Just let go…

So let go, let go…cause there’s beauty in the breakdown…” –Frou Frou

My key word for 2009 was “surrender.” Because let’s be honest, I have control issues.  I have mostly learned this through the practice of yoga.Yoga is teaching me to see exercise and my body differently.The past few years, I’ve come to recognize just how connected physical and emotional can be.

SIDE BAR: I want to be clear that yoga “is teaching me” and not “has taught me” these things. It is definitely progressive. I’m never convinced when people say that one experience “taught” them a huge life lesson. These things need reinforcement and lots of prayer to really sink in. And even then…but anyway…

Here’s what I love about yoga: for one hour no one is asking anything of me, no one expects anything of me, rather it’s about how my body is feeling in that moment. I made a breakthrough in this particular class. I always get a little twinge of dread when the instructor begins balance poses like crow or firefly because I’m so bad at them. I’m also bad at being bad at things. So, naturally, last spring, I spent  lot of time in my room practicing these poses. And I got a little better, but not much. But after being away for 7 weeks, I lost a lot of ground, and I really wasn’t feeling it. So instead of forcing myself into something I wasn’t ready for, I let myself rest in child’s pose. In other words, I let go. I let go of my expectations and ideas about what I am supposed to be able to do. (Why is that so hard?)

At the end of class, we always do what’s called “savasana,” or corpse pose. She told us that this was the most important pose and the hardest pose because we really have to learn how to let go. As the thoughts creep into the quiet spaces, you are supposed to push them out. I imagined I was flipping through photos on an iPhone–I just kept scrolling, resisting the urge to focus on one thing.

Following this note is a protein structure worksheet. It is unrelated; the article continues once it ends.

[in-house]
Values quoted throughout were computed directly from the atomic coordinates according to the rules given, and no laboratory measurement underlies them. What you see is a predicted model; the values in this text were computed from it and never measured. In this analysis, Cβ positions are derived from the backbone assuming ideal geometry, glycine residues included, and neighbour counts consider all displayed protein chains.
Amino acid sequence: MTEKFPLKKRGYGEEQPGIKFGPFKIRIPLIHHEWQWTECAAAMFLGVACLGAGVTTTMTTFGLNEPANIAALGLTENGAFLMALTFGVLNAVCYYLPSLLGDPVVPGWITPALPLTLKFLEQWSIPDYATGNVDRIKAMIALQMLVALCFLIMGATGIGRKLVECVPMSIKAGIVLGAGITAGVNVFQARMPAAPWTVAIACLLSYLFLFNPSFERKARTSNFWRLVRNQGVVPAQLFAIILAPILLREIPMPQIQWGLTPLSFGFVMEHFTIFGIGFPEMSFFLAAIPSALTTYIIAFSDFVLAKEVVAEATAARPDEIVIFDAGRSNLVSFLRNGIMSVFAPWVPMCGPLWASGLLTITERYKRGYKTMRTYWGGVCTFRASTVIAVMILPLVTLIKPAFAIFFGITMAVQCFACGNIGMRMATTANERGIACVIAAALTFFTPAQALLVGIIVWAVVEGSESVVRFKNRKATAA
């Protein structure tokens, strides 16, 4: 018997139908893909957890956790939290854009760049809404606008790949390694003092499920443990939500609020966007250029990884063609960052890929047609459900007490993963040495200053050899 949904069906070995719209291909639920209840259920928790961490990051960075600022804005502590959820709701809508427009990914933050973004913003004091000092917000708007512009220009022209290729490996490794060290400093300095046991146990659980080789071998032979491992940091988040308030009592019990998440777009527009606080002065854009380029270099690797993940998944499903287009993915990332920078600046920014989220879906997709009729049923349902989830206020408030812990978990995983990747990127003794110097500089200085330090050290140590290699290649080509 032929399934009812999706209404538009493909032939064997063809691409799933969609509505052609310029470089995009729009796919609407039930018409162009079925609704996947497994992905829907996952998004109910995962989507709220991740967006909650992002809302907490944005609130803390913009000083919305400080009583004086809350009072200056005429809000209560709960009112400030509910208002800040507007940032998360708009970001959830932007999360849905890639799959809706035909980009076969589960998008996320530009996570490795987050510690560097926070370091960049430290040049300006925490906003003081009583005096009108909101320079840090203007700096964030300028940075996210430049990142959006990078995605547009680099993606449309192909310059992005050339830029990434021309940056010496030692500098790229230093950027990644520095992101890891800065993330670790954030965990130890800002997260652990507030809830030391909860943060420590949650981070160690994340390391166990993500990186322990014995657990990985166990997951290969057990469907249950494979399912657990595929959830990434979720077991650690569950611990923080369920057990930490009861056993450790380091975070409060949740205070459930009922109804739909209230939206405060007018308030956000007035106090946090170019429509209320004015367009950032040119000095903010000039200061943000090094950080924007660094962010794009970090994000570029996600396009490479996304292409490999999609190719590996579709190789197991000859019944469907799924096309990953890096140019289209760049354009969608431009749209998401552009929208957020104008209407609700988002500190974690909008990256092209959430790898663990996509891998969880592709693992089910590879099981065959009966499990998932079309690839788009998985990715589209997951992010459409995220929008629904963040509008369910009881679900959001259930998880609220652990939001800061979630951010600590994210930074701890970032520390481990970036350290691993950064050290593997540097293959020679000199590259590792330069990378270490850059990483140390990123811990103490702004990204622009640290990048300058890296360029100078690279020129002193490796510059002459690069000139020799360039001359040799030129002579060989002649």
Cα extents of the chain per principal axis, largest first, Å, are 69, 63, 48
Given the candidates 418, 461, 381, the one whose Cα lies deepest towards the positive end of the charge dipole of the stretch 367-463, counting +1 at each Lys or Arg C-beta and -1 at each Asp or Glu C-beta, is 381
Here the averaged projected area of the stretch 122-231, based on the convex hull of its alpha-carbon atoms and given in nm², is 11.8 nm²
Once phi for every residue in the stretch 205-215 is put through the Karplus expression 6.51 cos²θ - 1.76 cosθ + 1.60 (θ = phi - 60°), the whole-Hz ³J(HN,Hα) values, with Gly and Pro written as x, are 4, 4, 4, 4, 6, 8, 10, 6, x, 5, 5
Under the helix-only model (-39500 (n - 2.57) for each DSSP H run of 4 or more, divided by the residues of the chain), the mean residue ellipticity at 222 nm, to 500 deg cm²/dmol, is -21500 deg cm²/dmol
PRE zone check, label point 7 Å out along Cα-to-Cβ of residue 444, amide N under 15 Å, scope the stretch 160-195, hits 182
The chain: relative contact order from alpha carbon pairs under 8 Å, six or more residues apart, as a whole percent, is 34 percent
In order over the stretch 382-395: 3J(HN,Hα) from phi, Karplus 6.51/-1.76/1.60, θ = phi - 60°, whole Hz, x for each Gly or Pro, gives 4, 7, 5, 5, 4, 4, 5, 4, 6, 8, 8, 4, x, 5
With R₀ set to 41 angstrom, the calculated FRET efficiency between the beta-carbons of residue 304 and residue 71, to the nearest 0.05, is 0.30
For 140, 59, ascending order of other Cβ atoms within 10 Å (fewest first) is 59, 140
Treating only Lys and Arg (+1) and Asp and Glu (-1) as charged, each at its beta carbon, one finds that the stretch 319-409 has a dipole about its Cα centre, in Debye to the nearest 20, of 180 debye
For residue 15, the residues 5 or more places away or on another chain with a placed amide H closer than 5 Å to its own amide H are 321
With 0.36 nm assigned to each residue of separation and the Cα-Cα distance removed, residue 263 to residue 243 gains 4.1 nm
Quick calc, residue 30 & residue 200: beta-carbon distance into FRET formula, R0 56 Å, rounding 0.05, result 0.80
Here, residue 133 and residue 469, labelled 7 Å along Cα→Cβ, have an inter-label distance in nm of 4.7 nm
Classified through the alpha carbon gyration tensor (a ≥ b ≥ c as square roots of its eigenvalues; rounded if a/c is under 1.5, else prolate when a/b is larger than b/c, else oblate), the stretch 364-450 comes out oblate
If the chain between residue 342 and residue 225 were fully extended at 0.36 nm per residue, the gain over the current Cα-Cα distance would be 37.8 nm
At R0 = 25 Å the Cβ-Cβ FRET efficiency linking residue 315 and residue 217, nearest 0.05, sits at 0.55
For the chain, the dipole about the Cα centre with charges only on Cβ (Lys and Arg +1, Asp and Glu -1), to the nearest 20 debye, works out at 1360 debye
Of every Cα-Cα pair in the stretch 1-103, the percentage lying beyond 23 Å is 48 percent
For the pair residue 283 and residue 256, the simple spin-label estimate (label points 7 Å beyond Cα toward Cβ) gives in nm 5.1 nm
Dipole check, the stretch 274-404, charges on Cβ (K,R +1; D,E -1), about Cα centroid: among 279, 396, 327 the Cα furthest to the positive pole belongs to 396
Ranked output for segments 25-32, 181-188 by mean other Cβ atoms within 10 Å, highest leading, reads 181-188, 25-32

This is why I need yoga. Most other forms of exercise tell me to push myself, get better, get faster, go longer. Yoga says yes I will get better, I will be able to do more, but only by acknowledging where I am now, and honoring that place. It says this practice is not just about my body, but my mind and spirit as well. For me on that day, it was the letting go that let me move forward.

God asks us to offer up our lives to him, not that we have anything to offer. He asks that we offer up our sinful life, and he replaces it with His righteousness. The physical act of surrendering in yoga helps me to remember who I am as a created being–not in control, but an active participant in God’s kingdom.

Psalm 4:5 Offer up right sacrifices and put your trust in the Lord.

Yoga and Christianity

I never really gave serious consideration to the spiritual origins of yoga, especially because the power yoga class I usually do is anything but spiritual. (We listen to Lenny Kravitz and do hula hoop motions most days.) Reader Chili T turned me on to this article in Her.meneutics by a woman who used to do FOCUS (young life for rich kids). She discusses how although it has Hindu origins, yoga can be used as a physical response to what we know to be true about God. Like the author, I’ve often used yoga poses in my own prayer life.

I’ve also learned to breathe, and that has changed me.